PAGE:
Ventilation is another important element to consider when choosing your family camping tent. The key to good ventilation is having an adequate number of mesh panels and windows. Not only does proper ventilation keep your tent cooler in the summer, but it also helps to manage condensation in humid conditions. It’s all about being comfortable, which is crucial to a good night’s rest. So, unless you and your family enjoy feeling like you’re sleeping in a sauna, look for a tent with large mesh panels and windows.

Weather resistance/quality of construction

Weather resistance and quality go hand in hand. A tent that is constructed well of high-quality materials will also most likely offer good weather resistance.

Check to see that the floor of the tent is made of a durable material. Not only does the floor of the tent have to stand up to the foot traffic of you and your family, but it’s also subjected to twigs, small rocks, and whatever else may be underneath it. A “footprint” or tarp under your tent can help with this too.

Also look for a tent that says it has sealed, or “taped” seams. This will help to prevent water from leaking into the tent.

Make sure you get a tent with a rainfly, which is the cover that goes over the roof of the tent. The rainfly is designed to not only keep out water, but they generally have attached guylines which can help to stabilize a tent in high winds.

A tent that remains dry and upright will be your best friend on any camping trip.

Additional features

With the basics all covered, there are some additional nice-to-have features you may want to consider depending upon the needs, and/or wants of your family.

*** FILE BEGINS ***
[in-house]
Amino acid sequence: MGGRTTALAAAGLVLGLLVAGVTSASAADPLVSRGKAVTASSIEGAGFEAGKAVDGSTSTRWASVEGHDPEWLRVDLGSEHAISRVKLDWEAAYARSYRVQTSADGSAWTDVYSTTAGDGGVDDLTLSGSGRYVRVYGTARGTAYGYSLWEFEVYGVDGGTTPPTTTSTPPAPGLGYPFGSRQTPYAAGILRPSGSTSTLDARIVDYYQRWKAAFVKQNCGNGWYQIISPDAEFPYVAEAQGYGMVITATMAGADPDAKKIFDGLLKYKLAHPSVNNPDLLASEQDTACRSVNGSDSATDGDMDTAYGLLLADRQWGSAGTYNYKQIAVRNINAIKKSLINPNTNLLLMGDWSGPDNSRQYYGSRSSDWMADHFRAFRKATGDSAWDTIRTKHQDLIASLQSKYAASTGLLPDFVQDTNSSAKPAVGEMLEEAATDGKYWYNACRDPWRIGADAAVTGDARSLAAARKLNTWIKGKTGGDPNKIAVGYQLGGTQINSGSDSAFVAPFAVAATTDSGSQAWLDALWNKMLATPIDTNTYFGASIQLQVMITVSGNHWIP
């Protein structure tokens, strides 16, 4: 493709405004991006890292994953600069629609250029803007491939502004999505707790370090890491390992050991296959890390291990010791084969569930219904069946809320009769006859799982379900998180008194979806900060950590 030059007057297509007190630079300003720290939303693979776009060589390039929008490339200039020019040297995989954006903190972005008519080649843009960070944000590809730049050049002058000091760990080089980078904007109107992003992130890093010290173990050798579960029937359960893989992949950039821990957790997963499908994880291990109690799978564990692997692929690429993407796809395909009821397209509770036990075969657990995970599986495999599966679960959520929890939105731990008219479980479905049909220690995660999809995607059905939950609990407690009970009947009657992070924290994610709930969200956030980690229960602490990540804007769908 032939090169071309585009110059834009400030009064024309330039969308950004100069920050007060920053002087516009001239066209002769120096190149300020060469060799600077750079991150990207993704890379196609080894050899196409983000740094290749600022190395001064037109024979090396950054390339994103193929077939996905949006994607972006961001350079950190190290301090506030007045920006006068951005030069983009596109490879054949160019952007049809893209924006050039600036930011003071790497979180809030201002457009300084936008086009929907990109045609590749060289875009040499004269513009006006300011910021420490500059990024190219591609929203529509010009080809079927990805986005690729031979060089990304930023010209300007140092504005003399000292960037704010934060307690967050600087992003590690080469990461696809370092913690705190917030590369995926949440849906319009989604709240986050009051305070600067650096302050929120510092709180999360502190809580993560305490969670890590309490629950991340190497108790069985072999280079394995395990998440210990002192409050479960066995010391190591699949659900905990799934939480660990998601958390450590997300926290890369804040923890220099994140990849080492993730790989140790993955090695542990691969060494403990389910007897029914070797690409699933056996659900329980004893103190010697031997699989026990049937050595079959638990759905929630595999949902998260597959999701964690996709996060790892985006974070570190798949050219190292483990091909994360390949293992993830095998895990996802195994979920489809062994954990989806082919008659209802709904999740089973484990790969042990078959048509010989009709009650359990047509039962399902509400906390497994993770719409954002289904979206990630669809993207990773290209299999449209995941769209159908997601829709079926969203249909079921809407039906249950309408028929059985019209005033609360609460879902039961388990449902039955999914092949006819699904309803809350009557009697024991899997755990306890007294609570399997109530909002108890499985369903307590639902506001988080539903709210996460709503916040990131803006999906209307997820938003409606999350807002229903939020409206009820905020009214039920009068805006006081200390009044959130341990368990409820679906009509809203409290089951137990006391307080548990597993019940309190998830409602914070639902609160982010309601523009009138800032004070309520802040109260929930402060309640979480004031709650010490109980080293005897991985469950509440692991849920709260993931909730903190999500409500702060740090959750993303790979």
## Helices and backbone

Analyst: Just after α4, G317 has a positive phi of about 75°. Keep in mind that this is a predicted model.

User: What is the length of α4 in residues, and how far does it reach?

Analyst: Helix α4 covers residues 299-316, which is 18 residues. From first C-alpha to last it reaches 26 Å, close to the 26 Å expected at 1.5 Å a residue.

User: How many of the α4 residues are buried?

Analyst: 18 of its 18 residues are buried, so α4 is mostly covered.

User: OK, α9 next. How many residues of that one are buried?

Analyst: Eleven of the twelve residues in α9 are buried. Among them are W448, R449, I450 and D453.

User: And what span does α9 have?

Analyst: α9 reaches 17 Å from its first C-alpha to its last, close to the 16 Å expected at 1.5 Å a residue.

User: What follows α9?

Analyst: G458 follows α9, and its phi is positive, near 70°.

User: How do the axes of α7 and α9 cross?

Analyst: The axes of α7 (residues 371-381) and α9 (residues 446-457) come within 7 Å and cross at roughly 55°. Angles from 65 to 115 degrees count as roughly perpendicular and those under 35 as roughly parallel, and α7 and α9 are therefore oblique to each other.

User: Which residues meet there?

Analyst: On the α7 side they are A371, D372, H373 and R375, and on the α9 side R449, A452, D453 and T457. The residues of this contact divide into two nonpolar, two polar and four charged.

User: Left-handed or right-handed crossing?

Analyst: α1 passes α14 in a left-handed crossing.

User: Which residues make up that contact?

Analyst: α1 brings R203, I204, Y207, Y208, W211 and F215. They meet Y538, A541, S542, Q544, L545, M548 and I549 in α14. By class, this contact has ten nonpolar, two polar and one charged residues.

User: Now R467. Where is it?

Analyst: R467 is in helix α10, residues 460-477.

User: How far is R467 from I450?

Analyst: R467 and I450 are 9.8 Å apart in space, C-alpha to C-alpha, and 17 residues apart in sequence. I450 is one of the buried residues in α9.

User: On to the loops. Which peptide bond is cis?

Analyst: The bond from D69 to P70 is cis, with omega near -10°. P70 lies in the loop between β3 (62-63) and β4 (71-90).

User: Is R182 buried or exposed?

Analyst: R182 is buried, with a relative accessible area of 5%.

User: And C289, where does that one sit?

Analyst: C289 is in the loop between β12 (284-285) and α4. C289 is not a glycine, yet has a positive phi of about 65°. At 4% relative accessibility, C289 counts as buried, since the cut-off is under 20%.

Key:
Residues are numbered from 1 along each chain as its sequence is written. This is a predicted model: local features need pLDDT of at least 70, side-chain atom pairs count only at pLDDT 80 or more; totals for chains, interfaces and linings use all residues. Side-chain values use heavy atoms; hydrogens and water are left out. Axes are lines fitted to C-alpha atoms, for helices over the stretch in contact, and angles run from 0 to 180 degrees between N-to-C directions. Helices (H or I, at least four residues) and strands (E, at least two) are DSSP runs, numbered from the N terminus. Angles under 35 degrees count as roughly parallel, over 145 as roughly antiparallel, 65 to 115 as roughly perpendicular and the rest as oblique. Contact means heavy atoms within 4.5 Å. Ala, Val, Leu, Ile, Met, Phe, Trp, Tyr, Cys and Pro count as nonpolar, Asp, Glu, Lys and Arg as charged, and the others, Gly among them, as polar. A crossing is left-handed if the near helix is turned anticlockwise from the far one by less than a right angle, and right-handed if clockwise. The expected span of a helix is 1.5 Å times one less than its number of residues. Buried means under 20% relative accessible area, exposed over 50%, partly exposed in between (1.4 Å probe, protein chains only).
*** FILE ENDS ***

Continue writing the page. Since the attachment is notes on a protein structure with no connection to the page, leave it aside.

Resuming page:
• Storage pockets. Sewn-in storage pockets are great for keeping items organized and off the floor where they can get lost under sleeping bags, gear, etc. They’re particularly handy for things like mobile phones, flashlights, personal items, and of course, packages of cheese/peanut butter crackers.
  • Electrical port. Some tents have an electrical port which you can use to run an extension cord inside the tent if your campsite has electrical hookups. It’s a great feature to have for keeping mobile phones charged, powering string lights, running a fan, or, if you want to get really fancy, getting a projector and having a family movie night!

  • Dividers are polyester panels you can hang in the interior of the tent to create separate rooms. Some large family tents have the ability to create two, sometimes even three rooms. Maybe you would prefer to have the adults on one side and the kids on the other. Or maybe you would like a divider to create a sleeping area, and more of a lounge, or living area. It’s up to you. Ball pit room anyone?

  • Mesh roof. A mesh roof is great for increased ventilation, but if you’re fairly confident of a rain-free night, you can also remove the rainfly to open the tent for a night of star gazing. See if you can spot Orion’s Belt. Bonus points if you can find his pants too.


Now that you know what to look for, have fun shopping for your new family camping tent! At CORE® Equipment, we pride ourselves on making quality products to help people get out and enjoy the outdoors. You can find our complete line of family camping tents with all the features you need to have a memorable camping experience here. Oh, and when we say “memorable,” we mean that in a good way. Not in a what-were-we-thinking sort of way.